Generalized way to make temperature tunable conductor–insulator transition liquid metal composites in a diverse range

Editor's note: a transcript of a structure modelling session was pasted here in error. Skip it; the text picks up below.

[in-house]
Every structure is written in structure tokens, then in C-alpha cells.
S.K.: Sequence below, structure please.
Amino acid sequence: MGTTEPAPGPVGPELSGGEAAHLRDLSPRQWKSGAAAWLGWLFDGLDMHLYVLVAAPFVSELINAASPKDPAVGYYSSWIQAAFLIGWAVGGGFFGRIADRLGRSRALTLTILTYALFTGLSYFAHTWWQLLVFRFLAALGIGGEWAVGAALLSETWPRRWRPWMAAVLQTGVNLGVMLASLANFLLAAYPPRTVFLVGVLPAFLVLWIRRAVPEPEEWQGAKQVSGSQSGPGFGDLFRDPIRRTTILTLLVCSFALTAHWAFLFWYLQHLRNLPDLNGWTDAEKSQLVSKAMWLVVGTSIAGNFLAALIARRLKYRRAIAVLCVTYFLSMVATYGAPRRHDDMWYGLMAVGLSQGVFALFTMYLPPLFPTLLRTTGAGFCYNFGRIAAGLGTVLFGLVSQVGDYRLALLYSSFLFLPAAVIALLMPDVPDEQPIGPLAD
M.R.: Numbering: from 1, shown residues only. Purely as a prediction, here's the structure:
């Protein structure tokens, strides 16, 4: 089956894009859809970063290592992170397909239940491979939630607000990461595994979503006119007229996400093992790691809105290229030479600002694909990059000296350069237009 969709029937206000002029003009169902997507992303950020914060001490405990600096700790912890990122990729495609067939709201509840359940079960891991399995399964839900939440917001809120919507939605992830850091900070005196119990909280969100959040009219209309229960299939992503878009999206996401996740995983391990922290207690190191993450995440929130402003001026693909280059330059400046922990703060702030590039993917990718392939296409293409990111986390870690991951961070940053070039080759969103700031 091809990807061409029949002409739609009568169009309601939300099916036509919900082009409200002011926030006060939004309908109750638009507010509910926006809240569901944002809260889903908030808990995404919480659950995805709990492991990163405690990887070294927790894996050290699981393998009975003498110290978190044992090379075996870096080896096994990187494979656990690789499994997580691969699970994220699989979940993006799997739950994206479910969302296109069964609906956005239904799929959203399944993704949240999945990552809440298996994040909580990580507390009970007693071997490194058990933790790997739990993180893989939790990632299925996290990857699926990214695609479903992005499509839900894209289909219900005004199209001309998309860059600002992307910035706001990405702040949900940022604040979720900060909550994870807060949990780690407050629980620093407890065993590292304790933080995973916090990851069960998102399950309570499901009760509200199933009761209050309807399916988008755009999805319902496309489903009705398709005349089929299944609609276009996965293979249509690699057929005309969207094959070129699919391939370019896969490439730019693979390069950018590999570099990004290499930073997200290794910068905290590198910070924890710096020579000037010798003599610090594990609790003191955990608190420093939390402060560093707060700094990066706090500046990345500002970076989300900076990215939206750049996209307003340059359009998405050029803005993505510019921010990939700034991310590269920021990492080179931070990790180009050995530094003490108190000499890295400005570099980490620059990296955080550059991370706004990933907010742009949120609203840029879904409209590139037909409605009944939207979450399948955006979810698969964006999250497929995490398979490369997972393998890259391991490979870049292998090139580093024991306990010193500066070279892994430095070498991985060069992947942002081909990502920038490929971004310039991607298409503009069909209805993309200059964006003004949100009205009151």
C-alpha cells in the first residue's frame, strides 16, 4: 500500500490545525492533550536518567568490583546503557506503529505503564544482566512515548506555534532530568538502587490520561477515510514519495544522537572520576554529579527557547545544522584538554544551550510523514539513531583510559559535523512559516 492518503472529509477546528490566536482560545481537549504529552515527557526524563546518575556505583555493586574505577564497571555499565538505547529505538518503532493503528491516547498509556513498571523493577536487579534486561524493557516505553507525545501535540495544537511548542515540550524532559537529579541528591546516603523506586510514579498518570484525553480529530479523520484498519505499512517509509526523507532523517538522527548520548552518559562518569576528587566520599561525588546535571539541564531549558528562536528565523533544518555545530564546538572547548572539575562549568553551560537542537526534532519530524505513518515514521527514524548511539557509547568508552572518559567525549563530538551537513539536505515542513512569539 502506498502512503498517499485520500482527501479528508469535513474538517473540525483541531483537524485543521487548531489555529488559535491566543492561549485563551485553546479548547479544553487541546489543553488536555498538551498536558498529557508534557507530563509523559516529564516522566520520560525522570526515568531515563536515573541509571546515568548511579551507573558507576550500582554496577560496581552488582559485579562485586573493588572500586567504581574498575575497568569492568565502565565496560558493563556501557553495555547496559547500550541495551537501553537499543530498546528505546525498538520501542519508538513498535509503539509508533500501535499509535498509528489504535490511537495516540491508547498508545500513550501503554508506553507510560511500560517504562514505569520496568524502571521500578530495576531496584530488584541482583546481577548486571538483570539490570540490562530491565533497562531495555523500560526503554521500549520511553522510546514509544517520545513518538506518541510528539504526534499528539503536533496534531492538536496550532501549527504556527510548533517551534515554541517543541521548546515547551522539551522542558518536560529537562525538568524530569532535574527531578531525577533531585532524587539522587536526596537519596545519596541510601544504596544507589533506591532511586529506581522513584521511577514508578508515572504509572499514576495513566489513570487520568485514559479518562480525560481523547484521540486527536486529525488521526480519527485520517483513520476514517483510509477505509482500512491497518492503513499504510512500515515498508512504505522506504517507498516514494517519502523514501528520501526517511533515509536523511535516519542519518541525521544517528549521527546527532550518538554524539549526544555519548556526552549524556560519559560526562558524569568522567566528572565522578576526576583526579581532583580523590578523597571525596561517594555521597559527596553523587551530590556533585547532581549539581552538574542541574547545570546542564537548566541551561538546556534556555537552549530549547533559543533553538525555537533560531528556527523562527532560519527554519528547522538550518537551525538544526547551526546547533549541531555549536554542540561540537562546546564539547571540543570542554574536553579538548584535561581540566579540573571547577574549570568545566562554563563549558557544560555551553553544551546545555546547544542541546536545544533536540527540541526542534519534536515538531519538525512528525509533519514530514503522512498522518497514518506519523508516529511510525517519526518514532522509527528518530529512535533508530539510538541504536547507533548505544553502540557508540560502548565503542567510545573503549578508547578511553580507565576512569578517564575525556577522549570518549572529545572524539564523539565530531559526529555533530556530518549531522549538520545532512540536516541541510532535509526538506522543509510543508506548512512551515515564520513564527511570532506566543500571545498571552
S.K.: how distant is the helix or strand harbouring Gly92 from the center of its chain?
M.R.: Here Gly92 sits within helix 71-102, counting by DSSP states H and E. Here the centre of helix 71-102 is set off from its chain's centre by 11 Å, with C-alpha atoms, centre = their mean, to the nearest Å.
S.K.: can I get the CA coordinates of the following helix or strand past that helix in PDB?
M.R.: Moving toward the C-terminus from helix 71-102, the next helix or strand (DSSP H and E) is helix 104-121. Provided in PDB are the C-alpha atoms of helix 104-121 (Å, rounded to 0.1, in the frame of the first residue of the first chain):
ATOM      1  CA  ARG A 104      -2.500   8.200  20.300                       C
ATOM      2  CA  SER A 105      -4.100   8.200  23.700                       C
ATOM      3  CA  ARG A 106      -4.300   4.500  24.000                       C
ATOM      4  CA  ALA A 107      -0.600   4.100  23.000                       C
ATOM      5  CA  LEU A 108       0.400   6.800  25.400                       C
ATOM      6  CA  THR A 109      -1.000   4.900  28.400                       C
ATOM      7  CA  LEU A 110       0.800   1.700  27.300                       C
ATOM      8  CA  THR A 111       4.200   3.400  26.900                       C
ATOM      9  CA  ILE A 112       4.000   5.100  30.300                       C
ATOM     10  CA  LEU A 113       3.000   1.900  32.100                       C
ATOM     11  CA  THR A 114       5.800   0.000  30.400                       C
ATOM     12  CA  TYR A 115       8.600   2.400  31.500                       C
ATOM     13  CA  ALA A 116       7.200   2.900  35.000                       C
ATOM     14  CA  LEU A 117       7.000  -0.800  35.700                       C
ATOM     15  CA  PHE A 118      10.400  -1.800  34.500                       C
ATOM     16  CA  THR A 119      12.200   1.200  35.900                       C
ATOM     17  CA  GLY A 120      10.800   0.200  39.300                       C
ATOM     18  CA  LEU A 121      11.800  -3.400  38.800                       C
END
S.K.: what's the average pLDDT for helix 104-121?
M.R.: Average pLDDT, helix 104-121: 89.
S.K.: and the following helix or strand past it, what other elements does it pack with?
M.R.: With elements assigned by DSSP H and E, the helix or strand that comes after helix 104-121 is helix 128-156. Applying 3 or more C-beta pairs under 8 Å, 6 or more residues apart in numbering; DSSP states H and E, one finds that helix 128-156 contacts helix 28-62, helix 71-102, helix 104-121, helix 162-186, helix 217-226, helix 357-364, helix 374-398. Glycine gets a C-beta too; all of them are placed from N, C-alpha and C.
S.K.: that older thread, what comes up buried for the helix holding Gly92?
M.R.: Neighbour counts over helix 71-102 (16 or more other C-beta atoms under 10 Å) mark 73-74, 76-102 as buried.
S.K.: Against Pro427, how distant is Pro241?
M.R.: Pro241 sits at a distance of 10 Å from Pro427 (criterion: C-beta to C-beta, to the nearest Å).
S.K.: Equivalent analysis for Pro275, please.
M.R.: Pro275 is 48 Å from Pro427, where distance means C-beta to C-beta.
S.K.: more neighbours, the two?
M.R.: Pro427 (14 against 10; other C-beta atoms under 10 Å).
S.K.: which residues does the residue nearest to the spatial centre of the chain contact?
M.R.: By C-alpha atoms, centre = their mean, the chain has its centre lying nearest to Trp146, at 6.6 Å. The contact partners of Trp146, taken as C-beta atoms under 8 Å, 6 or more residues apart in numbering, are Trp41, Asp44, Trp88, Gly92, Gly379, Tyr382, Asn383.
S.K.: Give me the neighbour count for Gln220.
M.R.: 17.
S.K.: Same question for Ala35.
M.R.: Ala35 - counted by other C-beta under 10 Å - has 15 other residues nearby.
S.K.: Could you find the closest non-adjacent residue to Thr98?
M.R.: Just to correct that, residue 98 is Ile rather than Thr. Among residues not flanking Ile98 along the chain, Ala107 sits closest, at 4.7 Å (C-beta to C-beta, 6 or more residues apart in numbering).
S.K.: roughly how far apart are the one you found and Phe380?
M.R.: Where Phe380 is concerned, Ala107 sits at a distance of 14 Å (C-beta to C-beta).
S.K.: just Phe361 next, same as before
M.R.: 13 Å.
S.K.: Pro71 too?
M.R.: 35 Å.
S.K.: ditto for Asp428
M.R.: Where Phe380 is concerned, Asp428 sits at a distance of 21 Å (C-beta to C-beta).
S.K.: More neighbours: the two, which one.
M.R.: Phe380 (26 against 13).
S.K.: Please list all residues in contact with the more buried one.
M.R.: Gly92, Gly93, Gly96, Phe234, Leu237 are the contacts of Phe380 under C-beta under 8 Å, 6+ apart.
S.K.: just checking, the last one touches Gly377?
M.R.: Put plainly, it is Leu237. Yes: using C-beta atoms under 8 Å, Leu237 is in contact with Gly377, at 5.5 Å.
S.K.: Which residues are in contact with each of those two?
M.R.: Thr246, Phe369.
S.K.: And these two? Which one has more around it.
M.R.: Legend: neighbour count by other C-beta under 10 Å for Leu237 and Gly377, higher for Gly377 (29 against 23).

Liquid materials with the ability to transit between conductor and insulator are of great scientific and practical significance. However, achieving the conduction of a liquid metal droplet network is still a challenge. To solve these problems, a generalized method is proposed to fabricate temperature tunable liquid conductor–insulator transition composites, which is achieved firstly via freezing and thawing liquid metal droplets dispersed in dimethicone. Such composites also impart conductivity to the dispersed liquid metal droplet network. To illustrate the typical application of the thus realized materials, a visualized circuit is constructed based on the relationship between the color and the conduction. In addition, reconfigurable and repairable circuits are fabricated depending on the inherent liquid properties of these materials. Furthermore, this universal mechanism has been revealed via the abnormal volume expansion ratio of the liquid metal droplets during the phase change. By calculating the volume change ratio of all metals, we speculate and confirm that gallium-based alloys and bismuth-based alloys can be used to prepare such conductive transition materials. Accordingly, we identify more eligible materials with suitable phase transition points, which significantly extends the transition temperature from insulator to conductor. The liquid material preparation strategy proposed here provides a novel paradigm for achieving the conductor–insulator transition at a wide temperature range and offers promising potential for future applications.